Why do writers do this to themselves?
Hope. Hope, and a concept called variable ratio reinforcement.
|That, and robbing banks is dangerous.|
Reinforcement is a psychological term that is used to describe situations where someone's behavior is strengthened. If a child reaches for a hot stove and gets her hand slapped, that punishment reinforces the idea that reaching for the stove is a bad thing that shouldn't be done. On the other hand if a student earns $20 for every A on her report card, then that reward will make her even more likely to shoot for that 4.0 honor roll. When someone takes an action the result of that action leads to behavior being reinforced or discouraged. The more often the result happens the more solidly the behavior is reinforced.
So where does the irregular part come in?
In addition to rewards and punishments there's a reinforcement schedule. This schedule is how often that behavior is reinforced. If every time someone breaks a rule he gets punished, then there's a certainty that bad things will happen if certain actions are taken. That's a fixed ratio. A fixed interval is applying a certain reinforcement after a certain amount of time; getting a yearly raise every year one maintains a job, for instance. Variable ratio reinforcement is when you perform a certain action, but you don't know how many times you have to perform it before you get rewarded. This is essentially how slot machines work, but it's also how a lot of writing works as well.
How Do You Mean?
|If you keep rolling this until your character succeeds, you already understand.|
These articles did get some page views, but I didn't recreate the months-long splash and more-than-decent royalty payments I'd earned from the first article. They got fewer views overall, and those views dropped off more quickly. Because I'd seen that an article about religion could generate a lot of traffic though I kept at it. I never managed to recreate the original article's success, and the website got a great deal of content out of me it might not otherwise have received for a lot less payment.
This works the same with book sales. Let's say that you wrote a book about a vampire private detective, and that book shot through the roof and made you a lot of money. Your next, logical step would be to write another book to try and make the lightning strike twice. Even if subsequent books didn't do as well, or if they did terribly, knowing it's possible is sometimes enough to keep you running on the hamster wheel just a little bit longer than you otherwise might.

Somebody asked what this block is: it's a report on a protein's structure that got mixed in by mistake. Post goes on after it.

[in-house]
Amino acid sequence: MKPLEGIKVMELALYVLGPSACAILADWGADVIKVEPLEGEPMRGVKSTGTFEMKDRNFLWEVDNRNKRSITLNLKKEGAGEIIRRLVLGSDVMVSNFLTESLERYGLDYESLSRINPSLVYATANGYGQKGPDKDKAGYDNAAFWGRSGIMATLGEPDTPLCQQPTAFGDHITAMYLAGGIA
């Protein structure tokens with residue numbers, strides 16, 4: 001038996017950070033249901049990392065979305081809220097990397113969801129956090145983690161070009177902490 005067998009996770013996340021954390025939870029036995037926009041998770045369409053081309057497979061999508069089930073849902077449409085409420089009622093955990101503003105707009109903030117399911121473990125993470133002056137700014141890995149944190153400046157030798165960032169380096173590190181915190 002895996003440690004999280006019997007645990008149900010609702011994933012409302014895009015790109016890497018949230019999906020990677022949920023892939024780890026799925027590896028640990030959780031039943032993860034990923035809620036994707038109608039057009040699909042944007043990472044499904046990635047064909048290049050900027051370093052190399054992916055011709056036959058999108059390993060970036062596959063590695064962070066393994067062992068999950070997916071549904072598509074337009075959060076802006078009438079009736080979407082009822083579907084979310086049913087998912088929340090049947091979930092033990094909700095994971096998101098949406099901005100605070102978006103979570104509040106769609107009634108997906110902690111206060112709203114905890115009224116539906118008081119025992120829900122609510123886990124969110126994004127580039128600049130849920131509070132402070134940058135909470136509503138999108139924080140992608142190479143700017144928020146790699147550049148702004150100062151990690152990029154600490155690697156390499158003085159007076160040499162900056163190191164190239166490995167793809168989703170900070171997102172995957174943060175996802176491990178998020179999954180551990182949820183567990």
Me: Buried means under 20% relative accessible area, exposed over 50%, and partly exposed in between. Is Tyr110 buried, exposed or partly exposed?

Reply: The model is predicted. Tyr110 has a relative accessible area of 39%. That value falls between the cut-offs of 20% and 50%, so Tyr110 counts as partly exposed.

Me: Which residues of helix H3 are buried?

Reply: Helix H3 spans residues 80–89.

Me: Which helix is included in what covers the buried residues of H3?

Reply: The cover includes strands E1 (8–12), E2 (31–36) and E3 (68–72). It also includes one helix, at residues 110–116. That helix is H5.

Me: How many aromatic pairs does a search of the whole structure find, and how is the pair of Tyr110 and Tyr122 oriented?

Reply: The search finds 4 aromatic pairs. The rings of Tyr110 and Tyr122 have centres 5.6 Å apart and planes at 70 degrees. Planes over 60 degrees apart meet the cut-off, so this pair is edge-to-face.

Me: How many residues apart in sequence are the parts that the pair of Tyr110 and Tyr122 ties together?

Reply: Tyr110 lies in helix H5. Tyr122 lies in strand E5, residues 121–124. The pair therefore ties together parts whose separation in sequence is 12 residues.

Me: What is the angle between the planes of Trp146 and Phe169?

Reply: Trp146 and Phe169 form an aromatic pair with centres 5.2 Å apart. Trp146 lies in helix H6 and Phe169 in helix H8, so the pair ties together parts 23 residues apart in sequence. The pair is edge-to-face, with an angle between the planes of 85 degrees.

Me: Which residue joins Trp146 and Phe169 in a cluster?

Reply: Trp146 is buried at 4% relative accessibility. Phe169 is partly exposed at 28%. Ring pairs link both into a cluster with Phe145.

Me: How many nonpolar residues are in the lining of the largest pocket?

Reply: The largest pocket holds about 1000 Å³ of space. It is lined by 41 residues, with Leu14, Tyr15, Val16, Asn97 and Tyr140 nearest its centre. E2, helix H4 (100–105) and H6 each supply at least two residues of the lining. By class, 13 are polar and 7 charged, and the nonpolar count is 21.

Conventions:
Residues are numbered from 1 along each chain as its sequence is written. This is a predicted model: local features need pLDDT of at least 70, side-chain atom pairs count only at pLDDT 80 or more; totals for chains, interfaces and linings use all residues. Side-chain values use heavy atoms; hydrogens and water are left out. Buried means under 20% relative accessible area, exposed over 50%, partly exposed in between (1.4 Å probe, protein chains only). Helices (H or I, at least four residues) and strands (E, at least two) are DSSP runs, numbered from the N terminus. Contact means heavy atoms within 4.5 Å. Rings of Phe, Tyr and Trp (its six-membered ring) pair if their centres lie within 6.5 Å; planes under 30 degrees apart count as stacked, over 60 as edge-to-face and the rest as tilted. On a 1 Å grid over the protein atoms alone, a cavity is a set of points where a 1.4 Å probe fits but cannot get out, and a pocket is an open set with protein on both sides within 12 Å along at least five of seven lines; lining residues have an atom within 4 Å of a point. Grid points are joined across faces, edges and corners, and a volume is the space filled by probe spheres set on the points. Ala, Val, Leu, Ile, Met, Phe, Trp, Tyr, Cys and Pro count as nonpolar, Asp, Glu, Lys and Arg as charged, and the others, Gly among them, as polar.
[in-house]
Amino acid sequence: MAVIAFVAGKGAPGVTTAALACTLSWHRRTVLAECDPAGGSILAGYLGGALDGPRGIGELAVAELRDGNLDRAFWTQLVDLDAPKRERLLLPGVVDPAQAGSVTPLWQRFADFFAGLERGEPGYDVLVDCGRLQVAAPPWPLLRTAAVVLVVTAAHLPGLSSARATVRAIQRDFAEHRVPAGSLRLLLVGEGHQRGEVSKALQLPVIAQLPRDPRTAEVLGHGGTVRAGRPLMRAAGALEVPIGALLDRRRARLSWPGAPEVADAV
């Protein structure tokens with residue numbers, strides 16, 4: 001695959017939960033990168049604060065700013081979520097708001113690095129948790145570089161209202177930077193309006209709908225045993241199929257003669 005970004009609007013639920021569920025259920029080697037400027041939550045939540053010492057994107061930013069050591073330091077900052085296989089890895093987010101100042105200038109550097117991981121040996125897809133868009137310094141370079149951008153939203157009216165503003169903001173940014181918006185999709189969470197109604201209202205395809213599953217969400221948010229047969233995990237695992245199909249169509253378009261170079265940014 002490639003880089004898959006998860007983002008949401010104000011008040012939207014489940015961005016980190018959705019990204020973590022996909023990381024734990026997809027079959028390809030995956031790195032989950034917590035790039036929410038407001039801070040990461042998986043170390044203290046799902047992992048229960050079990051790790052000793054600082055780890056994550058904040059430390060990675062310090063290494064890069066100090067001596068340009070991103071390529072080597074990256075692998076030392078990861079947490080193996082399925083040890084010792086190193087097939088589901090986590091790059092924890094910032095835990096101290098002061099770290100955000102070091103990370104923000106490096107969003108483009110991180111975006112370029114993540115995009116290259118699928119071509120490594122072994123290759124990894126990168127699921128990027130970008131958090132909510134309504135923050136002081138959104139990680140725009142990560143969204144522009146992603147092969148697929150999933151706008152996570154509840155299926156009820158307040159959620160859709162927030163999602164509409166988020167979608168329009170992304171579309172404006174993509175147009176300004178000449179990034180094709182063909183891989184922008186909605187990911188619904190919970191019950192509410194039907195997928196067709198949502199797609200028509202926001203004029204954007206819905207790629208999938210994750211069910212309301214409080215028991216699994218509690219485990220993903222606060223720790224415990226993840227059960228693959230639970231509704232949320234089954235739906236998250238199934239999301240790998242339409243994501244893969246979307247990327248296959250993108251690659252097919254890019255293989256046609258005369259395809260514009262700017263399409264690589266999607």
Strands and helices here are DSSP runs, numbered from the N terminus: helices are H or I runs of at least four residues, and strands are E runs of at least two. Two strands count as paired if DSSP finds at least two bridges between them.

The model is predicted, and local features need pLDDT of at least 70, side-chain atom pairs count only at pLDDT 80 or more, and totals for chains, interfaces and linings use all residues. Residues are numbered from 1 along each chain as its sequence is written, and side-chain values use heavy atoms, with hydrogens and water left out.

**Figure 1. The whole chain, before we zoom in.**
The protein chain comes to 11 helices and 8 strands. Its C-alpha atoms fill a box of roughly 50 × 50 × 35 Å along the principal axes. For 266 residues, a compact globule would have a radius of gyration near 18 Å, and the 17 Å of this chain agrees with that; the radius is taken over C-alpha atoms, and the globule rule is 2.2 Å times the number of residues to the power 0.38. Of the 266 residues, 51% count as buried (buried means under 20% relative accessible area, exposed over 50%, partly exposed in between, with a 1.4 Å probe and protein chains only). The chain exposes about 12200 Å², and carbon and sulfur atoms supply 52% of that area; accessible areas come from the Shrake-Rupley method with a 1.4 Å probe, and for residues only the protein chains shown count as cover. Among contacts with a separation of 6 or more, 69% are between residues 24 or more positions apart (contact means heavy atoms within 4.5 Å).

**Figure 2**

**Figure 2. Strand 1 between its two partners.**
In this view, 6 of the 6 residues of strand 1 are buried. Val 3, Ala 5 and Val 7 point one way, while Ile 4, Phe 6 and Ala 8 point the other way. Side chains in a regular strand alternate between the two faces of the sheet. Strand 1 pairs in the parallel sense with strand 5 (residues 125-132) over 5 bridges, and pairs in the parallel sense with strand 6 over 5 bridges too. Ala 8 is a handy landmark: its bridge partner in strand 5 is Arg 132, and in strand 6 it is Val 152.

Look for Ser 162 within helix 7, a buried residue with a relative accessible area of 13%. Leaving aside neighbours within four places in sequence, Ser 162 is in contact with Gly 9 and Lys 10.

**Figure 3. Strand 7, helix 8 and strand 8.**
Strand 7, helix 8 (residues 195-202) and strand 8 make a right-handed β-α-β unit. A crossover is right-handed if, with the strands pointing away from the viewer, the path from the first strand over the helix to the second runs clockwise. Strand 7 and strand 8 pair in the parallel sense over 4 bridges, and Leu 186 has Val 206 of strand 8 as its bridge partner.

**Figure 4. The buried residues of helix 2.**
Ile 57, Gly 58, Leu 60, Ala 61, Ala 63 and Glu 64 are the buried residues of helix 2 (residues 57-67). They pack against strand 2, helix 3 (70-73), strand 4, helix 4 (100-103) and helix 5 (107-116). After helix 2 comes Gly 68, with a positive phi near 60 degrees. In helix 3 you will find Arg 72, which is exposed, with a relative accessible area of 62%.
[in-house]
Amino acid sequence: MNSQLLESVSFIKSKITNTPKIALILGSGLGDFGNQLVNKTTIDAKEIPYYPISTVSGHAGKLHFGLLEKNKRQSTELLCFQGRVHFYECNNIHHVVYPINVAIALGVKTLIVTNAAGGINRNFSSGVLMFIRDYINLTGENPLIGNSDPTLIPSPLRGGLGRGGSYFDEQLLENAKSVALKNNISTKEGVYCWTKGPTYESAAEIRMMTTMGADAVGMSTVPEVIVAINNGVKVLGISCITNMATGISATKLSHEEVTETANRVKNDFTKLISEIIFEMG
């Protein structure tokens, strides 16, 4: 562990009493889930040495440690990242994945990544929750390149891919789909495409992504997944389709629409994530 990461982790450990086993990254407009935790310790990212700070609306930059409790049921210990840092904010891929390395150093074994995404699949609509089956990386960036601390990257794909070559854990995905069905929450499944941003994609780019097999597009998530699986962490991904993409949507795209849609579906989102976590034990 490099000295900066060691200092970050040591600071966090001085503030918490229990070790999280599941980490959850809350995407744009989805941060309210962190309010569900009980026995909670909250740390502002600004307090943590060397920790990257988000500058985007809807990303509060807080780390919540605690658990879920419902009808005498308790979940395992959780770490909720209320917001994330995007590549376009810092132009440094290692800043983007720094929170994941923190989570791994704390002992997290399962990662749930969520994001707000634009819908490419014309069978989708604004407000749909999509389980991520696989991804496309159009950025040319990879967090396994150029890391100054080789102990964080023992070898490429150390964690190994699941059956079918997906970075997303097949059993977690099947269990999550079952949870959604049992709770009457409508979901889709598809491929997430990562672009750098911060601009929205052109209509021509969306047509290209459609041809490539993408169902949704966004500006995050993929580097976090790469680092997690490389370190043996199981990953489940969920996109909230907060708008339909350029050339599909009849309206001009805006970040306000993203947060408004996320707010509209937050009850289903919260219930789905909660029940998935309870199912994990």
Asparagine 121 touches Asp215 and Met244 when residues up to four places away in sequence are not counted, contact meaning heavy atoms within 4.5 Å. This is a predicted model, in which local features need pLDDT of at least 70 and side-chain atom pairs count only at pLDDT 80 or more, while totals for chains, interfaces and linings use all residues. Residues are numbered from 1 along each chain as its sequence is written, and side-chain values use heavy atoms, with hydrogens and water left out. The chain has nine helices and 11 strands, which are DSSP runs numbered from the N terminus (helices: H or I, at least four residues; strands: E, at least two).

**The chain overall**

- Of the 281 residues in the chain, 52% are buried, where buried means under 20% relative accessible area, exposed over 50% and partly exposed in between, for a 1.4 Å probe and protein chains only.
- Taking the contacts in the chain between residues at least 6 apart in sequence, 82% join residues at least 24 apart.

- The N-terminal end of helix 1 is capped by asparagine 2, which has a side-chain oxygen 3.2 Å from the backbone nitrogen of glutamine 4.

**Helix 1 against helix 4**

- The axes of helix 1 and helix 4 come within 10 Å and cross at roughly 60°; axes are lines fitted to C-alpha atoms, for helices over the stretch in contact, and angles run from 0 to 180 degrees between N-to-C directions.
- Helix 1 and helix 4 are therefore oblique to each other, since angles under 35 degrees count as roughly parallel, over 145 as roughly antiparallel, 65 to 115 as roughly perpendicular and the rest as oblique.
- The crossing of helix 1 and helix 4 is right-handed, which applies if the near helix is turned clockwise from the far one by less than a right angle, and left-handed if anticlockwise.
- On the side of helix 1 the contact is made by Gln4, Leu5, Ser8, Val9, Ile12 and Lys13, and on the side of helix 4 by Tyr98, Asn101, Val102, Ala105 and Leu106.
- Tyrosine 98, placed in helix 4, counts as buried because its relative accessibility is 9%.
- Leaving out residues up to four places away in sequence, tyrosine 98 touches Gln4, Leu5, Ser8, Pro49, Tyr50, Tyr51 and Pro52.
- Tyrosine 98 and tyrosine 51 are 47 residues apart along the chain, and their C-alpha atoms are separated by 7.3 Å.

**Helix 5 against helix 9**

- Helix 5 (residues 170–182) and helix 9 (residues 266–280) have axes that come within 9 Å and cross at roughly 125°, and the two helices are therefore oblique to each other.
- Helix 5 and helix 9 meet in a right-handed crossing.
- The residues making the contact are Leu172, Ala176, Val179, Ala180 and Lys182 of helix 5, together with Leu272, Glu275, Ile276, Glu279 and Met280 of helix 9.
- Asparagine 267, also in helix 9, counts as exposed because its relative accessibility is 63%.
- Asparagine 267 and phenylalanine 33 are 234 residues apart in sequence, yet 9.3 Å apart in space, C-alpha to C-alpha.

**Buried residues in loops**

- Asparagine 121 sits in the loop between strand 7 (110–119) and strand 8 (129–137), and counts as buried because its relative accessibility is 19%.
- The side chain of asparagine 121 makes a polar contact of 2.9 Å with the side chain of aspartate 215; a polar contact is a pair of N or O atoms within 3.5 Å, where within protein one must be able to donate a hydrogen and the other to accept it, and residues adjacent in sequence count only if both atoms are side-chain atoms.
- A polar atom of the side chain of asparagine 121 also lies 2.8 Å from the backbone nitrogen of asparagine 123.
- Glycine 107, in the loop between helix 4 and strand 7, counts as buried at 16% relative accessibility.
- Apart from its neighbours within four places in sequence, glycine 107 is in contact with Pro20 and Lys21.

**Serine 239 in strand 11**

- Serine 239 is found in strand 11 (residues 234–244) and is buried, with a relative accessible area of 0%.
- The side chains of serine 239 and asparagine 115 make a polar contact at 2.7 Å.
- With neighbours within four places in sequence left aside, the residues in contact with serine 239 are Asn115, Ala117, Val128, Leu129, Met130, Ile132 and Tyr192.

But I've Never Had Any Successes Like That!
What if I told you that you didn't need to actually experience the success in question to make this effect happen? Knowing that just one pull on the slot machine can make you rich is often enough to make you put your last quarter in the slot. If you've actually won a lot of money on a slot machine before though then you're a lot more likely to keep pulling that one-armed bandit until you either run out of money or you win.
Writers do this all the time, except the slot machine is the publisher and the coins you're hoping for are royalties.
This is easily illustrated in short story anthologies. One anthology might offer $30 for an accepted story, and another one will offer an even split of the royalties. Even if the story is an electronic-only anthology from a first-time publisher, there's a little bug in the back of most writers' heads that tells them royalties might be a better bet if this book takes off. It also means more than one payment, if all things go well. More often than not books in this scenario sell enough copies that no one but the publisher makes a profit, and the writers end up being paid $0.68 each quarter for a year.
Why do we do this? Because the next one might be what hits it big!
|Like this book right here, for instance!|
What's The Problem With Hope?
Part of the problem is that I'm a hard-bitten, cynical bastard who likes spitting in your eye. The other part of the problem is that hope does more than keep your energy up, and your outlook positive. Hope, much like cocaine and meth, can blur your energy and make it hard to remain focused and realistic. You can get so high on your own hopes and the potential of victory that it's easy to forget you're betting black on a roulette wheel with a disproportionate amount of crimson on it.
Is it possible for your short story or novel to springboard into national or international fame even though you're an indie author no one's ever heard of with no one to help advertise your story or spread the word about it? Yes, it is. It's happened, as the news and the Internet are only too happy to point out. But the chances of it happening are astronomical.
Keep your hope, by all means. I'll be the first to admit that hope of infecting the world at large mixed with a genuine love of my story (and a touch of spite, if I'm honest) is the cocktail that keeps me going on some projects. But it's important to make sure that you're not just jerking the lever and hoping against hope that the Bestseller Gods take pity and shower you with big sales, TV interviews, and book deals for sequels. If that's the kind of thing you want it's time to grab a shovel and start laying your foundation. Hope is just as useful, but a lot less necessary, when you've actually done the work to build a readership, earn a place with a good publisher, and made certain to refine your craft until you can cut right into your readers' hearts and guts with it.
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